Editors' Choice

Editors' Choice

Science  24 Mar 2017:
Vol. 355, Issue 6331, pp. 1278
  1. Stream Geometry

    A new angle on streams

    1. H. Jesse Smith

    Stream branching angles vary with aridity.


    Climate has clear effects on streams. Theory and observations both show that channel incision rates increase with precipitation, and chemical erosion rates scale with temperature, but how does the surface geometry of rivers depend on those factors? Seybold et al. analyzed nearly 1 million river junctions across the contiguous United States and found that branching angles vary systematically with climatic aridity. Branching angles are smaller in arid regions than in humid ones, where groundwater seepage is more important, and are stronger functions of aridity than of other commonly invoked controls such as topographic gradient or downstream concavity. These findings may aid in characterizing channelization processes in landscapes where relict streams are found, such as on Mars.

    Geophys. Res. Lett. 10.1002/2016GL072089 (2017).

  2. Medical Diagnostics

    Turning toys into tools

    1. Megan Eldred

    Getting medical diagnostic tools to areas in developing countries with few resources has always been a considerable challenge. Bhamla et al. have created a centrifuge mostly made of paper, which they call the “paperfuge.” It is cheap to make, lightweight, and easy to operate, without any need for electricity. Based on the mechanical theory of an old whirligig toy, this device can spin blood samples at speeds of 125,000 rpm and achieve centrifugal forces of 30,000g. Researchers are thus able to separate plasma from blood in less than 1.5 min. This time is adequate for initial anemia diagnosis, but isolation of malaria parasites needs around 15 min. The device is customizable and opens up many opportunities for easy-to-access blood diagnostics.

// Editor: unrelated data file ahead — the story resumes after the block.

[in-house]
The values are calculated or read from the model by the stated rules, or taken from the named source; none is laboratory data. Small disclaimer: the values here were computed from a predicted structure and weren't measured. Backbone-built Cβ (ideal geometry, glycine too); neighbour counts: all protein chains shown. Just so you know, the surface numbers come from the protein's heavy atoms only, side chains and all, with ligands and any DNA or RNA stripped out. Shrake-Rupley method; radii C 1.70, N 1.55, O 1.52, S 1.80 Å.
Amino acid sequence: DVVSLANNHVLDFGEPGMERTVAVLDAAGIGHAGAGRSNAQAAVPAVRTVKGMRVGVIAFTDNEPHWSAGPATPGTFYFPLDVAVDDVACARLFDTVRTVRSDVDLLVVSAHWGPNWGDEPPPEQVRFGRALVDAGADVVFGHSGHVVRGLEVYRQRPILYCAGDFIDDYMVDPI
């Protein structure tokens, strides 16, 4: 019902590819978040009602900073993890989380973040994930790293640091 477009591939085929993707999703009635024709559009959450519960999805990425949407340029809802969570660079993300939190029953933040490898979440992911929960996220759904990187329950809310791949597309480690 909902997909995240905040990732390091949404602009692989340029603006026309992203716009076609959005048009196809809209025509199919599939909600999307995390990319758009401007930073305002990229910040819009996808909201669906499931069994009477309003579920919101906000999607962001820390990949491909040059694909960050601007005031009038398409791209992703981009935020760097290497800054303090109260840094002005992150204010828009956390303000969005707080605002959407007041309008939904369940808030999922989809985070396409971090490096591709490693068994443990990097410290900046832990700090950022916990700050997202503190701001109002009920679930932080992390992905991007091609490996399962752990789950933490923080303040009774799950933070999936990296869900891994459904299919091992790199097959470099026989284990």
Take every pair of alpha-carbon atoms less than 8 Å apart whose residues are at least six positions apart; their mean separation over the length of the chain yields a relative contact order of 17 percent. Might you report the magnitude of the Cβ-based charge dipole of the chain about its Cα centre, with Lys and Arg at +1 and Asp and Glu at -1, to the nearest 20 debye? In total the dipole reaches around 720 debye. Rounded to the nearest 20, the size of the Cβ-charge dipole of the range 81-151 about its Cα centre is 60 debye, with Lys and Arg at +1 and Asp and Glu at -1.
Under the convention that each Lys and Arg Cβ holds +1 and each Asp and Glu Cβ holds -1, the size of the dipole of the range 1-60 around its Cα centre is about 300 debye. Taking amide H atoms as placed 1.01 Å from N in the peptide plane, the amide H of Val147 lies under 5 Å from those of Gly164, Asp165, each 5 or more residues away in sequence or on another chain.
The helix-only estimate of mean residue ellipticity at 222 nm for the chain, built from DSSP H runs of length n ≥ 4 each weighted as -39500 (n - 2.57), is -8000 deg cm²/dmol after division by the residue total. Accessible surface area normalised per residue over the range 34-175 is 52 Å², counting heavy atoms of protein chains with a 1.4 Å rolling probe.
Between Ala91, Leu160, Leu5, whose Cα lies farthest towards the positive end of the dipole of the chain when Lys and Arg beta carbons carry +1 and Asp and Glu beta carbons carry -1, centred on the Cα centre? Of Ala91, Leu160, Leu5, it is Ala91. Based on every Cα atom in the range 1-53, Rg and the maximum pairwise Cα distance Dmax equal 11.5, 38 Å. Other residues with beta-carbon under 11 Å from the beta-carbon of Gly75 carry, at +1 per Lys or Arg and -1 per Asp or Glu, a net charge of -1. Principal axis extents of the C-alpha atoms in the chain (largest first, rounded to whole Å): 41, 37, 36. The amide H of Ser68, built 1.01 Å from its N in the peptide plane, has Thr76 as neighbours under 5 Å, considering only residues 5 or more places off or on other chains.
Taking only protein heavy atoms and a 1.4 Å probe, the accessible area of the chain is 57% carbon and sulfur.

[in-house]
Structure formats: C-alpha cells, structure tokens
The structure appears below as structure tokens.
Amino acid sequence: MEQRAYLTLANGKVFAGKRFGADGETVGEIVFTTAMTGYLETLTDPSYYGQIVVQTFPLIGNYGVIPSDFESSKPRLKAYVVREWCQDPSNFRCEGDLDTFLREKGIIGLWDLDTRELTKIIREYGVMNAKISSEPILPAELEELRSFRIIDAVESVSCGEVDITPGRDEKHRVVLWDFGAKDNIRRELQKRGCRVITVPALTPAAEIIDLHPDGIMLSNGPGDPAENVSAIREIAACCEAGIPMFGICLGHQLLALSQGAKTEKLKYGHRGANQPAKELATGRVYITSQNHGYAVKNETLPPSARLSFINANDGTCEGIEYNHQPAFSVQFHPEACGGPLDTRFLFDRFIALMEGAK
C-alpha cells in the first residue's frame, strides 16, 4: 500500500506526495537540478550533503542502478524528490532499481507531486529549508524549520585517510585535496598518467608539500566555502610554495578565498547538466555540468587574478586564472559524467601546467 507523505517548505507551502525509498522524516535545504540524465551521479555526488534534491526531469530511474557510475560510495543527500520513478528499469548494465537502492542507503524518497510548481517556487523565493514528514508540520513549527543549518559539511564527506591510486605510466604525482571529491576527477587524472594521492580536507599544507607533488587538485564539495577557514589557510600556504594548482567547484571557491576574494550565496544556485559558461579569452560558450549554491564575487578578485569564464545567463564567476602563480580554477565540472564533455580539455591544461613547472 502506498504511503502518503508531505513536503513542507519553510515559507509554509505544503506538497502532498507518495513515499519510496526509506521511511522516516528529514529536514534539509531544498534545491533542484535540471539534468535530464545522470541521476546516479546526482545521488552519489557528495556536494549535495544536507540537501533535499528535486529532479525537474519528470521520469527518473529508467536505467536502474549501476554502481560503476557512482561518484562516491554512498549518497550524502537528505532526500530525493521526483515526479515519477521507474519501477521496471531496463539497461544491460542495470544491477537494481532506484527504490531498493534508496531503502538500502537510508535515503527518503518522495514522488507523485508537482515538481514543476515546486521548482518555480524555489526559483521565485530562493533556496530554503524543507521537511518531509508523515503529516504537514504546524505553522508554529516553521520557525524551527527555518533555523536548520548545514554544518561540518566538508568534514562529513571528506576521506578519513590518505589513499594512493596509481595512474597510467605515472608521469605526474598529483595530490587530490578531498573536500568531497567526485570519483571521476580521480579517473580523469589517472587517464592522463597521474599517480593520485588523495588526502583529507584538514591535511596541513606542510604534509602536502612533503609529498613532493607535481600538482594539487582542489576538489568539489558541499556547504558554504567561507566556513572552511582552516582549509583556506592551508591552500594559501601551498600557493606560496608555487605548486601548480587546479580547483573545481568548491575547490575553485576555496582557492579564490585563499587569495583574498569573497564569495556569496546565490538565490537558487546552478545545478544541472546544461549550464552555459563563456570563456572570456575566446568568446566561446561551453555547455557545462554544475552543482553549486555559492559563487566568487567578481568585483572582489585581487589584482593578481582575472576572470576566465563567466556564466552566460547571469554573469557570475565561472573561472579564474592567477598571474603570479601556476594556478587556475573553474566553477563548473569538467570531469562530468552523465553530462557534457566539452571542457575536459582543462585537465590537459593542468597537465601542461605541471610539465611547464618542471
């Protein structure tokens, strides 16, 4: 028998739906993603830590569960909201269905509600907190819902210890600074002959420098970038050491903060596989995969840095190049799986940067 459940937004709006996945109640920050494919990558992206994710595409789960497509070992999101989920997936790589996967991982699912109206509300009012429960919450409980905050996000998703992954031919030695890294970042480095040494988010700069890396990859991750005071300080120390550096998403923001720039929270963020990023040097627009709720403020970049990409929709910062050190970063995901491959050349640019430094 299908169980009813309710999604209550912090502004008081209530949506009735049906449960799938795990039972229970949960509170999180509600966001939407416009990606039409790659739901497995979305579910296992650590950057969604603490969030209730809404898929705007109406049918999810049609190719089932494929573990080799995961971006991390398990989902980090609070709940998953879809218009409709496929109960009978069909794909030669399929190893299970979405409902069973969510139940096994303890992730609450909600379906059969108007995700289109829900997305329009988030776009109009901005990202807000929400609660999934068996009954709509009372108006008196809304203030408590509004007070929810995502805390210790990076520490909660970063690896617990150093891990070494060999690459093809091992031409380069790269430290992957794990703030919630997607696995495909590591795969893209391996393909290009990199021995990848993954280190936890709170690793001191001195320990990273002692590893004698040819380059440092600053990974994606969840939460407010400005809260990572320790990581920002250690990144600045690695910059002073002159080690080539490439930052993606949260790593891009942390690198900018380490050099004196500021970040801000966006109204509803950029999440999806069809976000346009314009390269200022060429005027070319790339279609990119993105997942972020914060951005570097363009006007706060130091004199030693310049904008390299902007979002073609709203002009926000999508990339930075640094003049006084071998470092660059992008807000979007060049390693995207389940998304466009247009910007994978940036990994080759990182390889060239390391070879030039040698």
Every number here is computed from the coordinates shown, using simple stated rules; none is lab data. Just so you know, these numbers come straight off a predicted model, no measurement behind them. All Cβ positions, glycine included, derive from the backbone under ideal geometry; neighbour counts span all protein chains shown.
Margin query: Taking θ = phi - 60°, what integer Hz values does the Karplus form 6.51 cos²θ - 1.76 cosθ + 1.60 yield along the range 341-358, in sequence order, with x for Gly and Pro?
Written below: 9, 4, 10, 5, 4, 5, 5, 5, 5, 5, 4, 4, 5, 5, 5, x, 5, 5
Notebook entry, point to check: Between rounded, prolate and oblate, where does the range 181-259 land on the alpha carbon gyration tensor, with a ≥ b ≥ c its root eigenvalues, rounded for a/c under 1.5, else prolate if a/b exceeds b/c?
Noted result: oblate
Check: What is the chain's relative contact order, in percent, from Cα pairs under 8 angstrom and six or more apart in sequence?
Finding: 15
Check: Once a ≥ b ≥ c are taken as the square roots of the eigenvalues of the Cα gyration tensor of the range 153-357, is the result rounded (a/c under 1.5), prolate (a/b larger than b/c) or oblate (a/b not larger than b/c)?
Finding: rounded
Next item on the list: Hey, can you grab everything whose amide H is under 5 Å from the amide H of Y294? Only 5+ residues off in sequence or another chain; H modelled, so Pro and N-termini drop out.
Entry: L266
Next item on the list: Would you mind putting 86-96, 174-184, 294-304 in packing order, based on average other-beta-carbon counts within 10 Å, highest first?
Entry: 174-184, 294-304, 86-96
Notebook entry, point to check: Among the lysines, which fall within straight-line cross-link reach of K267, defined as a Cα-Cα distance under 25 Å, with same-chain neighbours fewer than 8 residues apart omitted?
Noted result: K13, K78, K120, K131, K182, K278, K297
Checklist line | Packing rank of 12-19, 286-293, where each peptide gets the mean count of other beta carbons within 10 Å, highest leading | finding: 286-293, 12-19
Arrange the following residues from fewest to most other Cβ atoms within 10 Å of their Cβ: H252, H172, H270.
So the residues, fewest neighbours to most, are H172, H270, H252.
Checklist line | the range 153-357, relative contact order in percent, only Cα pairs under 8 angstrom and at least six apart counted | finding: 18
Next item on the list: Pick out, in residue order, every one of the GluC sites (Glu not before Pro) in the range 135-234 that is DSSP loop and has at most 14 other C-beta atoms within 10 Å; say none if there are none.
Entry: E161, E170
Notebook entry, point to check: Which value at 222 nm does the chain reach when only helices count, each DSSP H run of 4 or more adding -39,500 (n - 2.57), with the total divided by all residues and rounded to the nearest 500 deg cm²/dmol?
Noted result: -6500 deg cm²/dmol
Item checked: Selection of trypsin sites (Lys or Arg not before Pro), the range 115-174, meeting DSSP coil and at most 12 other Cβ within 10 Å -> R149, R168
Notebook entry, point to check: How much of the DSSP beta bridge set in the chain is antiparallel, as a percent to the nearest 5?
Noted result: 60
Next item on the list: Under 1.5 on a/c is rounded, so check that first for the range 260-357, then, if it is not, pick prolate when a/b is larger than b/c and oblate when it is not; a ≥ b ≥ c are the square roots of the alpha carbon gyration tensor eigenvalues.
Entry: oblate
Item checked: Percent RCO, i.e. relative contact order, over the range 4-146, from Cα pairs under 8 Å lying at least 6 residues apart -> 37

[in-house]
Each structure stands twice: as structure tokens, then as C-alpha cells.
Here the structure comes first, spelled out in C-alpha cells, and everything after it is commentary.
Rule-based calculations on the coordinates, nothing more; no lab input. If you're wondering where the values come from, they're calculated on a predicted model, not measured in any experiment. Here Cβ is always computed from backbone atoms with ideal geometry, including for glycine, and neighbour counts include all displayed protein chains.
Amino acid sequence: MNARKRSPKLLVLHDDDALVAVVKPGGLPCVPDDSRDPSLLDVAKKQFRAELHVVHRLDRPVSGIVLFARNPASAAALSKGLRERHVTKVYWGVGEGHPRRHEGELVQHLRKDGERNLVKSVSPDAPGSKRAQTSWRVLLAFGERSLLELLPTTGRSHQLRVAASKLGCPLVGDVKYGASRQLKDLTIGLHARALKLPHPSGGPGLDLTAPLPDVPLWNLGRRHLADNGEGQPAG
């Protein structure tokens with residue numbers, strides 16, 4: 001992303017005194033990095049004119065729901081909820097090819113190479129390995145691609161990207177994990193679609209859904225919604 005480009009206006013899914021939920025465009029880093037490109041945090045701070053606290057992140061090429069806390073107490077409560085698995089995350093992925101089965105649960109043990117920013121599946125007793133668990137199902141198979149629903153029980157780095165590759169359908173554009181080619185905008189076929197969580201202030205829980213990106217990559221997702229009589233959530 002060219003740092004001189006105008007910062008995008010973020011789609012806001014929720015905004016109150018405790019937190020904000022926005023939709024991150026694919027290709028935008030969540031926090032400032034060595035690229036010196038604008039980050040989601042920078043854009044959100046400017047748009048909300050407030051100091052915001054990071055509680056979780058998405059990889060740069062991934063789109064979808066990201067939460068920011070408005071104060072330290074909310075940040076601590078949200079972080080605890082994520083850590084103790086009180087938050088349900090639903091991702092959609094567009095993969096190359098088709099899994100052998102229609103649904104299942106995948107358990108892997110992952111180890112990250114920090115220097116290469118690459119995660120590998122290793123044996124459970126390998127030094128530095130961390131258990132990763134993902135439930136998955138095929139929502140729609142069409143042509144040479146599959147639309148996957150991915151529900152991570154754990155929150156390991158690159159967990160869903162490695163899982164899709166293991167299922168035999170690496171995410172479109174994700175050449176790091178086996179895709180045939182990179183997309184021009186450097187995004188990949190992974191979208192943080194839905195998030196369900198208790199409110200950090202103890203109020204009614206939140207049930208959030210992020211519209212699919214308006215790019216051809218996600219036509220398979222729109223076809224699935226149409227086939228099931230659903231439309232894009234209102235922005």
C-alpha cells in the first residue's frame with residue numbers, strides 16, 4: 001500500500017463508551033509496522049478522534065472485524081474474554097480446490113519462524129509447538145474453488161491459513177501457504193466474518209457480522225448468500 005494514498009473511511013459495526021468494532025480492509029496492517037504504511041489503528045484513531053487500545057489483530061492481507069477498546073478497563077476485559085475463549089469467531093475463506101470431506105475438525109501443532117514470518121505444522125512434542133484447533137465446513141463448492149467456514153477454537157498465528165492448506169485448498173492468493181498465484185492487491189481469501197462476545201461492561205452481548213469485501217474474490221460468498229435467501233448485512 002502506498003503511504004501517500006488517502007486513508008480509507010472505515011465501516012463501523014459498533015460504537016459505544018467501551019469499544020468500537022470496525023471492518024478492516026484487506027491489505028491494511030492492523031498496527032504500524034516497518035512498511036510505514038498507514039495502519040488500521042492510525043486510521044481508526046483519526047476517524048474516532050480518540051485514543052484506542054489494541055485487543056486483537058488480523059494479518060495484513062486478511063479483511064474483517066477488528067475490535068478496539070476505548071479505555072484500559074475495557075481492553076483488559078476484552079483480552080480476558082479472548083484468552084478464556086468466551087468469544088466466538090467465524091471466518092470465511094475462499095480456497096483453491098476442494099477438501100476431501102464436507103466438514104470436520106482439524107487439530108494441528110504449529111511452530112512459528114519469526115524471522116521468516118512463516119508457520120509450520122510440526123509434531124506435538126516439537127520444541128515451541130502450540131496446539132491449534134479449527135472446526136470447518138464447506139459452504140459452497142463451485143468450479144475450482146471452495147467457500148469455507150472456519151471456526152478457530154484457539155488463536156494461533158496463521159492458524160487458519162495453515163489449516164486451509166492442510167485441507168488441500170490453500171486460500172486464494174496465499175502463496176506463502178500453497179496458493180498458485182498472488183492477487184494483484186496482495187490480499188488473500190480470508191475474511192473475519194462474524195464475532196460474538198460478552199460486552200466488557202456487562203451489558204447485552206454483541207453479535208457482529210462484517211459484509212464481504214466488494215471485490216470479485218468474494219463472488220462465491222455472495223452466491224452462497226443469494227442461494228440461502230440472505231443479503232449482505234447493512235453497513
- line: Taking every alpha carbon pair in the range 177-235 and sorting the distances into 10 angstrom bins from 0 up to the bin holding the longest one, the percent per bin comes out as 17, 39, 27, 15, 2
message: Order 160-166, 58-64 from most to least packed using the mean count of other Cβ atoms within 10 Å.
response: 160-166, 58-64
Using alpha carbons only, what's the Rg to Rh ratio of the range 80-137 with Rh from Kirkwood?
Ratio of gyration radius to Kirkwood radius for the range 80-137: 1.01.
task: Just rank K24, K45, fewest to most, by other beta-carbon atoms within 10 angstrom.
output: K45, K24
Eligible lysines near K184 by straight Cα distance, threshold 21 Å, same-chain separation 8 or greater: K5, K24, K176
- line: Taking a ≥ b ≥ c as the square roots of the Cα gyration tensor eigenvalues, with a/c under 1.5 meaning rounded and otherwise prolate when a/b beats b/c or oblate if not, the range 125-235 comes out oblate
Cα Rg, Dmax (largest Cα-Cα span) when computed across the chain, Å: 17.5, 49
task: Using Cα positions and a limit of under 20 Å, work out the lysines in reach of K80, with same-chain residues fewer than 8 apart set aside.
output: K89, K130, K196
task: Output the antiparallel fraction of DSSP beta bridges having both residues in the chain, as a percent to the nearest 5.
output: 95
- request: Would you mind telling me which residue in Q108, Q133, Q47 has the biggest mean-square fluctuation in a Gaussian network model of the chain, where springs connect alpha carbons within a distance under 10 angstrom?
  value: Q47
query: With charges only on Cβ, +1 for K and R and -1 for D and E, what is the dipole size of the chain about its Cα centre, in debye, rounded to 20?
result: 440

Nat. Biomed. Eng. 1, 0009 (2017).

  3. Physiology

    Stronger pancreas through starvation

    1. L. Bryan Ray

    Starvation stresses an animal and can cause tissue loss. Regeneration after refeeding seems to mimic developmental activation of cells and replenishes depleted tissues. Cheng et al. tested the effects on mice of a low-calorie (low in carbohydrates and protein) but high-fat diet that resembles the metabolic effects of fasting but is easier for humans to tolerate. In models of type 1 and type 2 diabetes, mice on this diet showed improved insulin secretion and glucose homeostasis. The diet promoted signaling and transcriptional changes reminiscent of those that occur during the development of pancreatic endocrine cells. The findings raise the possibility of reprogramming endogenous cells in the pancreas to restore function lost in diabetes.

    Cell 10.1016/j.cell.2017.01.040 (2017).

  4. RNA Editing

    The evolution of edited RNA transcripts

    1. Laura M. Zahn

    Drosophila species have evolved many RNA editing sites to fine-tune neurological function.